Today’s Readings: Psalm 126; Isaiah 19:18-25; 2 Peter 1:2-15
Back in 1995, I started working in the local health department doing HIV prevention. I worked in an innovative peer education program that was designed to do three things: (1) identify community opinion leaders; (2) give those community opinion leaders information about how to eliminate and/or reduce incidents of risky behavior; and (3) send those community opinion leaders out into their community to engage in conversations with their peers.
I served as an educator in the program for two years. During this time, I learned an important lesson about human beings. Increased knowledge – at least the way it is traditionally defined – does not always lead to changed behavior.
Because of that experience, I have taken a different approach about how I view education. I’m less worried about the degrees a person possesses or the number of books that a person has read, and more concerned about how a person leads his or her life. That’s how I gauge how learned a person is.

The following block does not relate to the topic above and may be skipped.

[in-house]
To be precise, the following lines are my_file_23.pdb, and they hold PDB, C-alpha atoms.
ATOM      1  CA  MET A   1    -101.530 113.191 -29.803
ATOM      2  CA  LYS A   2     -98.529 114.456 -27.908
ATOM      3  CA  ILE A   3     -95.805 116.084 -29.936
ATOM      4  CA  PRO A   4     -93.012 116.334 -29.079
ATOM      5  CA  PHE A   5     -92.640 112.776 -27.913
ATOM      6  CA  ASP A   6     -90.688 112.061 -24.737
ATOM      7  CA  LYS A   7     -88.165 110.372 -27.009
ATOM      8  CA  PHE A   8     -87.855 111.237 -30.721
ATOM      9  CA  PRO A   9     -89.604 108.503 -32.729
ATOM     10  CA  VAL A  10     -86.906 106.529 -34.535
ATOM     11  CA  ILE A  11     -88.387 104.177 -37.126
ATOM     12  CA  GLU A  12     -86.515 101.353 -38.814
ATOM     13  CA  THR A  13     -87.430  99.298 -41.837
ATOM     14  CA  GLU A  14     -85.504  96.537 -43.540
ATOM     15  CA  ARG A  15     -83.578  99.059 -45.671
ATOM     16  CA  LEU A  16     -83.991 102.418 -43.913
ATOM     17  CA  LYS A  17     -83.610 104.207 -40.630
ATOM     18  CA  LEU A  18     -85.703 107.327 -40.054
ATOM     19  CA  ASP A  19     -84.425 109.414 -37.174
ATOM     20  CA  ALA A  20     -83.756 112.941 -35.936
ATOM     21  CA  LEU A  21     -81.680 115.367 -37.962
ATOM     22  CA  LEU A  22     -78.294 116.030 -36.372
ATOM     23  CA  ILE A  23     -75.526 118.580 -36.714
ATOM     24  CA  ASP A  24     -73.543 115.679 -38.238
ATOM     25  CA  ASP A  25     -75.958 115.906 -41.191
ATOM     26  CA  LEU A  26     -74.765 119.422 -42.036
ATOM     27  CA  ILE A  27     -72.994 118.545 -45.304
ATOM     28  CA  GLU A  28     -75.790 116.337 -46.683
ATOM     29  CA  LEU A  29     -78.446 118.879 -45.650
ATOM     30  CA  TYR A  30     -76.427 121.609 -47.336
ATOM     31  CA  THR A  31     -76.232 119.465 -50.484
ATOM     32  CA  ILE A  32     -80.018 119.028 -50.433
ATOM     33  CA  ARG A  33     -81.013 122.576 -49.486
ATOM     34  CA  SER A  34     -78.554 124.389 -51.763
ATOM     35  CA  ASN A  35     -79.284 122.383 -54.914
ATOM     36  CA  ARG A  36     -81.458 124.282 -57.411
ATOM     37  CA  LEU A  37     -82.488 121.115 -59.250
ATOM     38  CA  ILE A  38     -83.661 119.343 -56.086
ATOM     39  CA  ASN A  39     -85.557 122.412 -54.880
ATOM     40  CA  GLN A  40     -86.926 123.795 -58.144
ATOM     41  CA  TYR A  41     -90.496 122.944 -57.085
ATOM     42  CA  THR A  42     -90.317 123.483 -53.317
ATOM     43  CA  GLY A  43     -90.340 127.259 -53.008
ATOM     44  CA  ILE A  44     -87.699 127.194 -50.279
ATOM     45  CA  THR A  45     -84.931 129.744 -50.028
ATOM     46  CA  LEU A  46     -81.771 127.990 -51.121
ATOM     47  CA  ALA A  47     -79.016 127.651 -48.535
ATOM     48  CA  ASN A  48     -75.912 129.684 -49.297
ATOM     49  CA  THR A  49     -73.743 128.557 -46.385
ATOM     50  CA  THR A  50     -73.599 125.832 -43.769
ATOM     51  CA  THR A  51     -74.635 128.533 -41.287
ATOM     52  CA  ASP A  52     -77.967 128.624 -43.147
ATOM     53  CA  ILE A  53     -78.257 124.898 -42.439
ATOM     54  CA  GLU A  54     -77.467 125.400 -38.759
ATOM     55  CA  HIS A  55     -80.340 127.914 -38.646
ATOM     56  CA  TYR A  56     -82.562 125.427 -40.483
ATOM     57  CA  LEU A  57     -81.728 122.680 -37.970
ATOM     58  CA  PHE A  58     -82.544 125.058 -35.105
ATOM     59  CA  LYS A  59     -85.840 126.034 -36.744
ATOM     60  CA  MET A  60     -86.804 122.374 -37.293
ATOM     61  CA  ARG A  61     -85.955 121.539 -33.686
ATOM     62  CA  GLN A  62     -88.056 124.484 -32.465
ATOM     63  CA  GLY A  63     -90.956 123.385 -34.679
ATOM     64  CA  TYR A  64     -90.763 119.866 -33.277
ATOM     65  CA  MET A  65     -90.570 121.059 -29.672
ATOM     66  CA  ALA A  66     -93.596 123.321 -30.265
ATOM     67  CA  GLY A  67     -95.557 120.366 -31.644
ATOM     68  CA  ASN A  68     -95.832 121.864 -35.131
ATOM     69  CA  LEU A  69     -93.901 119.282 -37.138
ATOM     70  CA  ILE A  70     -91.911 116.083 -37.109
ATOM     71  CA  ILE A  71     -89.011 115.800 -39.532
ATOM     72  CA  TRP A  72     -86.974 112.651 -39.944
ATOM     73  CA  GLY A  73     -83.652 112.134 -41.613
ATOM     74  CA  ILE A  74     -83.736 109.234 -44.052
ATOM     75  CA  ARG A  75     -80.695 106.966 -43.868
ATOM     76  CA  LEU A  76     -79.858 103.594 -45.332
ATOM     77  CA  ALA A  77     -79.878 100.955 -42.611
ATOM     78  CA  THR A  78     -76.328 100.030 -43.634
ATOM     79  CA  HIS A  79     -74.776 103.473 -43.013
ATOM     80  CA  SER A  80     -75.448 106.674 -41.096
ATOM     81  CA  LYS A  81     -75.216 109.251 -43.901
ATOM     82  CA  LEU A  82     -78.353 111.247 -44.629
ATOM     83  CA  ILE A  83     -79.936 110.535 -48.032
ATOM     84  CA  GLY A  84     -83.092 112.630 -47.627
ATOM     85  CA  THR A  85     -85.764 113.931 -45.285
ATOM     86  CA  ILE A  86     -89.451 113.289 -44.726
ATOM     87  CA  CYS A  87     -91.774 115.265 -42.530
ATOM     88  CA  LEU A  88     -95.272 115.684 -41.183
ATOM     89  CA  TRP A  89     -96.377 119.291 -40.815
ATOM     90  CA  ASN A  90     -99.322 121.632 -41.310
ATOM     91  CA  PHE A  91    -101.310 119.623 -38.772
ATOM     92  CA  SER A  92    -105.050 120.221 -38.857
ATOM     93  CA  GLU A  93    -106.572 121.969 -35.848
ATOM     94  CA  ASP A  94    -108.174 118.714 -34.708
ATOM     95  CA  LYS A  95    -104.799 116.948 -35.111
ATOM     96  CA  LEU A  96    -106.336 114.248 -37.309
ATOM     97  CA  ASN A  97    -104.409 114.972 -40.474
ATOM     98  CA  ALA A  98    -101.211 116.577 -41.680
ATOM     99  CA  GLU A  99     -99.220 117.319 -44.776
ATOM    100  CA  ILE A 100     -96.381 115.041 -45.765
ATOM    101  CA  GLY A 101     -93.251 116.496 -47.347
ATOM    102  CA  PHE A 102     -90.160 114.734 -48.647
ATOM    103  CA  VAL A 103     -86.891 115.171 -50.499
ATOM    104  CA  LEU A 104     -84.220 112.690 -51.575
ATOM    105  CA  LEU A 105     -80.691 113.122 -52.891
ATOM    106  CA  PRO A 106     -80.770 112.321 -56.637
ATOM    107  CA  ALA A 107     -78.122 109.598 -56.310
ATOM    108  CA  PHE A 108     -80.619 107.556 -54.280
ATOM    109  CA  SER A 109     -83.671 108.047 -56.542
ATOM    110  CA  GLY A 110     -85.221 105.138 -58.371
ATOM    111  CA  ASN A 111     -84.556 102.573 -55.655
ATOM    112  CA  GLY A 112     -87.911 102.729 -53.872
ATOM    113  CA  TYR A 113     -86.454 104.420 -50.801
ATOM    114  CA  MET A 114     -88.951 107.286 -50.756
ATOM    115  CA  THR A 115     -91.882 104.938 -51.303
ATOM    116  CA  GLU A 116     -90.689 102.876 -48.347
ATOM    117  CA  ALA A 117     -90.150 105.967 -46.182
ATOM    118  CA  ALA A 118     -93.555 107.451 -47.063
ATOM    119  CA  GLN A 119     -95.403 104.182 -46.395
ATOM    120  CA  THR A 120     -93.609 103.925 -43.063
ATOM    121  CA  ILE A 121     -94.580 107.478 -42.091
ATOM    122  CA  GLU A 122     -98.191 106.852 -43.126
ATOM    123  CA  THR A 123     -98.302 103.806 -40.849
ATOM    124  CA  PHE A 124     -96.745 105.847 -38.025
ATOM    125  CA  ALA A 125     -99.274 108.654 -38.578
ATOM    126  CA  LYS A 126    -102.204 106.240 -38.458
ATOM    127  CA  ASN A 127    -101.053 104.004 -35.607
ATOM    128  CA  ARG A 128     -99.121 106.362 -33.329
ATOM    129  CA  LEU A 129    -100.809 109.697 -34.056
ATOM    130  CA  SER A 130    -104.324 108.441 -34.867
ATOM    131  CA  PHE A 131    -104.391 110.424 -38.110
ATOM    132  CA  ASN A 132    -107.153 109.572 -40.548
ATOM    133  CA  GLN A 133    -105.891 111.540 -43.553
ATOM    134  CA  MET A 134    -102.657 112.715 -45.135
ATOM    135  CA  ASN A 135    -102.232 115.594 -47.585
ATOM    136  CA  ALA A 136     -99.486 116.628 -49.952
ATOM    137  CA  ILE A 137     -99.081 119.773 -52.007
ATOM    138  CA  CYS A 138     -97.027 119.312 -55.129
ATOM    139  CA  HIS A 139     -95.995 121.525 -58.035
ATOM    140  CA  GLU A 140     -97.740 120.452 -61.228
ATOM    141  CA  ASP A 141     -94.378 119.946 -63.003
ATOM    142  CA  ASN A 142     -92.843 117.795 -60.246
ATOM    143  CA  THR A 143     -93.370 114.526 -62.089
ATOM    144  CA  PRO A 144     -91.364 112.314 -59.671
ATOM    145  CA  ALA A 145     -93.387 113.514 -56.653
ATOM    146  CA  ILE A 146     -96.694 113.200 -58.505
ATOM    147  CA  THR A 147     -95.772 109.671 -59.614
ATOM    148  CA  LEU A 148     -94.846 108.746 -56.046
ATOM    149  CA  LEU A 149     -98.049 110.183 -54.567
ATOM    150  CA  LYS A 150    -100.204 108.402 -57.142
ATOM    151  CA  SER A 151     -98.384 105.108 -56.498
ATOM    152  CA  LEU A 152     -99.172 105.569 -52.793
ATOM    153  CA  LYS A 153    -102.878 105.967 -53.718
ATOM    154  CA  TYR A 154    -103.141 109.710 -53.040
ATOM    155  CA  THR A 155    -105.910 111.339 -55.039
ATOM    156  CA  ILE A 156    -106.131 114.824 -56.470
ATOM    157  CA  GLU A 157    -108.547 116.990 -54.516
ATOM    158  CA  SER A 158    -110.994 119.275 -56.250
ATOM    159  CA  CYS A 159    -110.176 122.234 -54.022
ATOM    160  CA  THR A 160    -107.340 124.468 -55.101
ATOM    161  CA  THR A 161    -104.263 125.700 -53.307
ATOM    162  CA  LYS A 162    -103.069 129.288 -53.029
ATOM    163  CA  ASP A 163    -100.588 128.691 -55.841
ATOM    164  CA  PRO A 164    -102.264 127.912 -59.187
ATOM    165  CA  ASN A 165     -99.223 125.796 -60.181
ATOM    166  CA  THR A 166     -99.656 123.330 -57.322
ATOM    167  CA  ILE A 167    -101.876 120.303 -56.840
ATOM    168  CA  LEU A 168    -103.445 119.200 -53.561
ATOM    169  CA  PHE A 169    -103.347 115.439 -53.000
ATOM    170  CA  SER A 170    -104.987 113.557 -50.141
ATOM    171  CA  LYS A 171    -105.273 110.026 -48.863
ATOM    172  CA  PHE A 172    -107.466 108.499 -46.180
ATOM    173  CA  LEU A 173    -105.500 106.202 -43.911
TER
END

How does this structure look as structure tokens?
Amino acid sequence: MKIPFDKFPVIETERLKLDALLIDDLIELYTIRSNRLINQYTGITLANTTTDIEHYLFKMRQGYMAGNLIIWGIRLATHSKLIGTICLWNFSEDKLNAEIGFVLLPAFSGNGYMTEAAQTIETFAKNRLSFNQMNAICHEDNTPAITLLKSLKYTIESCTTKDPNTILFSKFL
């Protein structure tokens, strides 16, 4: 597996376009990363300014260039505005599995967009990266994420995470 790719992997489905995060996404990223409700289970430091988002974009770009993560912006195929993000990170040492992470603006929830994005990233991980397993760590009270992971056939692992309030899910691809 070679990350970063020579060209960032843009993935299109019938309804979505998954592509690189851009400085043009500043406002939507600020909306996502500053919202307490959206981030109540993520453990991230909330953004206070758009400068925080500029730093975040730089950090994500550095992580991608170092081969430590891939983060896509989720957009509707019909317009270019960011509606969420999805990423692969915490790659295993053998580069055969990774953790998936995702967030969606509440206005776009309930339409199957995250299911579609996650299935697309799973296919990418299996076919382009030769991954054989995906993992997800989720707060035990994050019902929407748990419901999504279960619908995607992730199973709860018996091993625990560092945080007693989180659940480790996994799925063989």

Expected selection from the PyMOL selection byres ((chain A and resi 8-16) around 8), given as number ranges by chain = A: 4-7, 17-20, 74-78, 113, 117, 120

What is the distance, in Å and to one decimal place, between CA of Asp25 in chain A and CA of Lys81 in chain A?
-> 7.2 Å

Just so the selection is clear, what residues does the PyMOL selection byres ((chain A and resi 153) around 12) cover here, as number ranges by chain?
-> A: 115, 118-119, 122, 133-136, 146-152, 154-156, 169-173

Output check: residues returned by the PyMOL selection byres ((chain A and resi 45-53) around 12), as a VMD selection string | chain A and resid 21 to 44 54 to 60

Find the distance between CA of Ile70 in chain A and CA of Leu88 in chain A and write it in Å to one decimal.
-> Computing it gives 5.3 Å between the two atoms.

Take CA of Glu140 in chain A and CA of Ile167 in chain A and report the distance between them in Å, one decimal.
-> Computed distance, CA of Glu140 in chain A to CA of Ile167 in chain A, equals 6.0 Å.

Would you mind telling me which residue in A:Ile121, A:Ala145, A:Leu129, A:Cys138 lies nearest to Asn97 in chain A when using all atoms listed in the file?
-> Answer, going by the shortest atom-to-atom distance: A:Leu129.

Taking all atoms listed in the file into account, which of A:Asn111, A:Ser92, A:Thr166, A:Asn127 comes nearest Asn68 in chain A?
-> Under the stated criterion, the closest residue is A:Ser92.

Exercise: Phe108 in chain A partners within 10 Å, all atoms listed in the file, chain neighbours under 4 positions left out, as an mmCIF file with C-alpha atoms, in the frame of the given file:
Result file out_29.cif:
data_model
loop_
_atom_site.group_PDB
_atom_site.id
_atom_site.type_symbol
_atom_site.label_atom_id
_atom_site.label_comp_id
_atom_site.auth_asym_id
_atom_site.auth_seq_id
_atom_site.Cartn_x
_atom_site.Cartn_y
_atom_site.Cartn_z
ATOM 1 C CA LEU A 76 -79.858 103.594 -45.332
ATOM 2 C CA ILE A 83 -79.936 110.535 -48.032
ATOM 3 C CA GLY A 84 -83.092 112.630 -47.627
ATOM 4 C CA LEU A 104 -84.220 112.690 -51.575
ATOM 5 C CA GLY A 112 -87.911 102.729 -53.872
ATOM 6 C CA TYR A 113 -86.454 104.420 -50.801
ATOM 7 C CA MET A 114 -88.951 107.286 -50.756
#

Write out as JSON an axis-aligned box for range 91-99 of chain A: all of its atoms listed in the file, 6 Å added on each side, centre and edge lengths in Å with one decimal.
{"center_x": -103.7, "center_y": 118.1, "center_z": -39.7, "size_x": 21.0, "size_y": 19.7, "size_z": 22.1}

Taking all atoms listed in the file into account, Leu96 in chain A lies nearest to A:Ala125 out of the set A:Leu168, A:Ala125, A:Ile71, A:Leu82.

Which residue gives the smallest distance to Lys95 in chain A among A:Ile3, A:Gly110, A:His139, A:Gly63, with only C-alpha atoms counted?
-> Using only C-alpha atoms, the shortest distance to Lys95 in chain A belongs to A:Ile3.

The author of today’s passage from 2 Peter plays around with this notion when he talks about the qualities to which a person of faith should aspire. After talking about a laundry list of qualities to which a person of faith should aspire, the author concluded: “For if you possess these qualities in increasing measure, they will keep you from being ineffective and unproductive in your knowledge of our Lord Jesus Christ” (2 Peter 1:8 from the New International Version). The notion here is that if you possess those qualities – qualities such as goodness, knowledge, self-control, perseverance, godliness, kindness, and love – they will make your faith two things: effective and productive.
So where are you at with all this? Do you prefer to think about faith simply in the abstract; or are you comfortable with the notion that your faith should take concrete form as well? Til next time…